On this page we will look back at life in the city during the war years. Here we will provide the visitor with the stories making the news, what was happening in sports and entertainment, city politics, the social scene and the prominent people at the time. So, check back often for new editions. To share your family or neighborhood stories, please email PhillyWWIyears@gmail.com
TODAY IN PHILADELPHIA – MONDAY OCTOBER 28, 1918
Today’s high will reach an unseasonably 76° but we shall not complain. The skies remain clear and fair. Tonight’s low will be near 58°. Philadelphia’s saloons, club bars, theatres, motion picture houses and all other public amusements will be permitted to open at 8:00am Wednesday morning. The State Commissioner of Health and the city’s health departments agreed to lift the ban yesterday. Philadelphia’s public schools opened today. The Philadelphia Catholic schools will not open until November 4. This is because many of the nuns are involved with nursing the sick and will not be able to leave those duties and return to teaching until then.
Police will be closely watching the activity of saloons when they open. Any saloon which becomes overcrowded or unruly will be immediately closed. Director of Public Safety William Wilson stated that every precaution will be taken to prevent the orgies that occurred in Camden and Gloucester when their saloons opened last week. Only 257 new cases of influenza have been reported in the last 48 hours. Reported deaths for that period were 229 but some of these may be unreported from earlier last week.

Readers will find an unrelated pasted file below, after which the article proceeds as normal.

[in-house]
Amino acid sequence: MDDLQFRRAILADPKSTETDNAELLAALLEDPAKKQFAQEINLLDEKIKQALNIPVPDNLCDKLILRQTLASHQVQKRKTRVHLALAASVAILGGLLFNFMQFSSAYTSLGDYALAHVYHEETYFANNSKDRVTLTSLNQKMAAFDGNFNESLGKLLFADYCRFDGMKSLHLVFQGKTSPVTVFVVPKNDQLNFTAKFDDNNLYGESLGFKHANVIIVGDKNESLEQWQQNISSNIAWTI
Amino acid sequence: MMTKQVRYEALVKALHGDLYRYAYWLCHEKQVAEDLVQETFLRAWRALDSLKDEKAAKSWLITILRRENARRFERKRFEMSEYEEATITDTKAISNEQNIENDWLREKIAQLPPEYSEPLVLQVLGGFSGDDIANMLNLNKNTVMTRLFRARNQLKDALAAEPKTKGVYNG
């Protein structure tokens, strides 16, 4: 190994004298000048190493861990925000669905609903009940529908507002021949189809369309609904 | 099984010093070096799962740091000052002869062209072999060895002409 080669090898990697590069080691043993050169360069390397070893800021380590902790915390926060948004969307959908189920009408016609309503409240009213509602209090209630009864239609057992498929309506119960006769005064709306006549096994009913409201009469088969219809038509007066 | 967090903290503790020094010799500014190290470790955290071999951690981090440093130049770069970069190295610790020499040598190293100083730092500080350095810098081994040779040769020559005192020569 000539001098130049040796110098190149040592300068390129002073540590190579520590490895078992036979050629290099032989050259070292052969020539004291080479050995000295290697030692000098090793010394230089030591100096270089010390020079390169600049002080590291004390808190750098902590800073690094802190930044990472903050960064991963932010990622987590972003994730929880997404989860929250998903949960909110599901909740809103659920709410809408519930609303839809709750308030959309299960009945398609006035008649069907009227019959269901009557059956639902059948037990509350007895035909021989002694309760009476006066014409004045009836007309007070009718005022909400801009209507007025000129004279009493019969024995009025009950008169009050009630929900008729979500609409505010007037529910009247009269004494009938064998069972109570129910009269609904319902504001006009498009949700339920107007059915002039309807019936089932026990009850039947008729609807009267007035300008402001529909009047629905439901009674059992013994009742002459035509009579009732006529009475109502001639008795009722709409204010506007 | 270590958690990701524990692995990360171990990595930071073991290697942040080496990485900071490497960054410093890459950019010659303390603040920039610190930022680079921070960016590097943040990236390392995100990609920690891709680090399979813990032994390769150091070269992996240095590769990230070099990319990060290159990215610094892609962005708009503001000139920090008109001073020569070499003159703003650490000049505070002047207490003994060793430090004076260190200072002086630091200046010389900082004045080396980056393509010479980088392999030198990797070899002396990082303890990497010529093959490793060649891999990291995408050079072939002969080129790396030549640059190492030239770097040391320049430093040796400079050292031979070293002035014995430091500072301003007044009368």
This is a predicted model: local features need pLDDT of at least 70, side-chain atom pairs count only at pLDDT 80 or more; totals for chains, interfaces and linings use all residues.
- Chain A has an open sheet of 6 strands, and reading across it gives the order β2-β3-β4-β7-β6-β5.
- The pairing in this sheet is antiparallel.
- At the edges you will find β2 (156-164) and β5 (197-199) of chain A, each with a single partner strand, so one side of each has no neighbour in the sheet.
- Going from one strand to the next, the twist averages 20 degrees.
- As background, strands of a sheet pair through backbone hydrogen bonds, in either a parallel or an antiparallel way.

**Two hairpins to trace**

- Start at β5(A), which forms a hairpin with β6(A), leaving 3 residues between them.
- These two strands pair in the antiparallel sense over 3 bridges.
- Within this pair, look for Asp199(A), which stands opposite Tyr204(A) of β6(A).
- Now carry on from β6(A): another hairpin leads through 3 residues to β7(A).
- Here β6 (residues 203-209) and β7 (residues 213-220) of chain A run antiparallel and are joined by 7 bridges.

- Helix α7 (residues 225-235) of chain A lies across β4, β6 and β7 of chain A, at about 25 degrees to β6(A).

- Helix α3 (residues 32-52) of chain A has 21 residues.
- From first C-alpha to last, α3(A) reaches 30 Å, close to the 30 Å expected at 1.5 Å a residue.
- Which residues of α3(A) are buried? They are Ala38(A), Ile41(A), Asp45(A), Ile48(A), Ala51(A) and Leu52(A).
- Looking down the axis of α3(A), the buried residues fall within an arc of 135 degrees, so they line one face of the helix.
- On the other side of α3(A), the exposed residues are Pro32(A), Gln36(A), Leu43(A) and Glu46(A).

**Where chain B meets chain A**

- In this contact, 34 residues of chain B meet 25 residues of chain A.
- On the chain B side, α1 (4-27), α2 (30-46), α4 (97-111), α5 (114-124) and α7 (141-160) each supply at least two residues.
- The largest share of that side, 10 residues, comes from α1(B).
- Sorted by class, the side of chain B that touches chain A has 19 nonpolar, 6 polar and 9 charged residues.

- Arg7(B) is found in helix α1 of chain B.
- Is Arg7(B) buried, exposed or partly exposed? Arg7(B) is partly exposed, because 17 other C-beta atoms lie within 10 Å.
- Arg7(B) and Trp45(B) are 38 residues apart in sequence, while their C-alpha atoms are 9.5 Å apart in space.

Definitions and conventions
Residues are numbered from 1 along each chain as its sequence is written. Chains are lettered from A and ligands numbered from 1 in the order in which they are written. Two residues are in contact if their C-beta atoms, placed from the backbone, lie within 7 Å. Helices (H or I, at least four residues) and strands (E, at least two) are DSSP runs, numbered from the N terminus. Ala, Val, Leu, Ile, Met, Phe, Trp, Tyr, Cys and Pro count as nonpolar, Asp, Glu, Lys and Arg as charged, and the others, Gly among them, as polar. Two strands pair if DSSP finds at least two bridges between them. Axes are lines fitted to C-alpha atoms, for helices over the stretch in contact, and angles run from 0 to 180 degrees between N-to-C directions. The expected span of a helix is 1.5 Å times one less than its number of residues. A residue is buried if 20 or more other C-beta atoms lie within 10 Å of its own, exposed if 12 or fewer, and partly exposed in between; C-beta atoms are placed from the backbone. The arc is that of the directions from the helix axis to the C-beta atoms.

Austria-Hungry has replied to President Wilson’s note and accepted all his terms to begin peace negotiations. The Austrian reply also stated they are willing to begin negotiations regardless of what Germany and the Ottoman Empire chose to do. This includes the recognition of the independence of Hungry, Jugo-Slavia and Czecho-Slovakia. It is also reported that the Royal Family is preparing to leave Vienna over fears of a revolution.
King Albert and Queen Elisabeth entered the liberated city of Bruges, Belgium on Friday to the cheers and joyful tears of the people of that city. Tens of thousands lined the streets to welcome the royal family. Every window and balcony was filled as the couple and their son Prince Leopold rode on horseback through the streets. The love of the people for their king was evident and unabashed.
Albert had remained with his army through the terrible years of Belgium’s occupation. He fought for his people from the narrow strip of land that was all that was left of free Belgium. With his French and British allies Albert fought to regain his country yard by yard and mile by mile. Now Bruges was free and the flag of brave Belgium flew once again over the city hall and from every window. And the church bells rang out, proclaiming liberty.
In the Middle East, the British have captured Aleppo. Coming after the capture of Jerusalem and Damascus this achievement by General Allenby’s army is the crowning event in his march through Palestine and Syria. The capture of Aleppo will permit the British to cut off the Turkish armies in Armenia and Northern Mesopotamia and may hasten the Ottoman Empire’s exit from the war.
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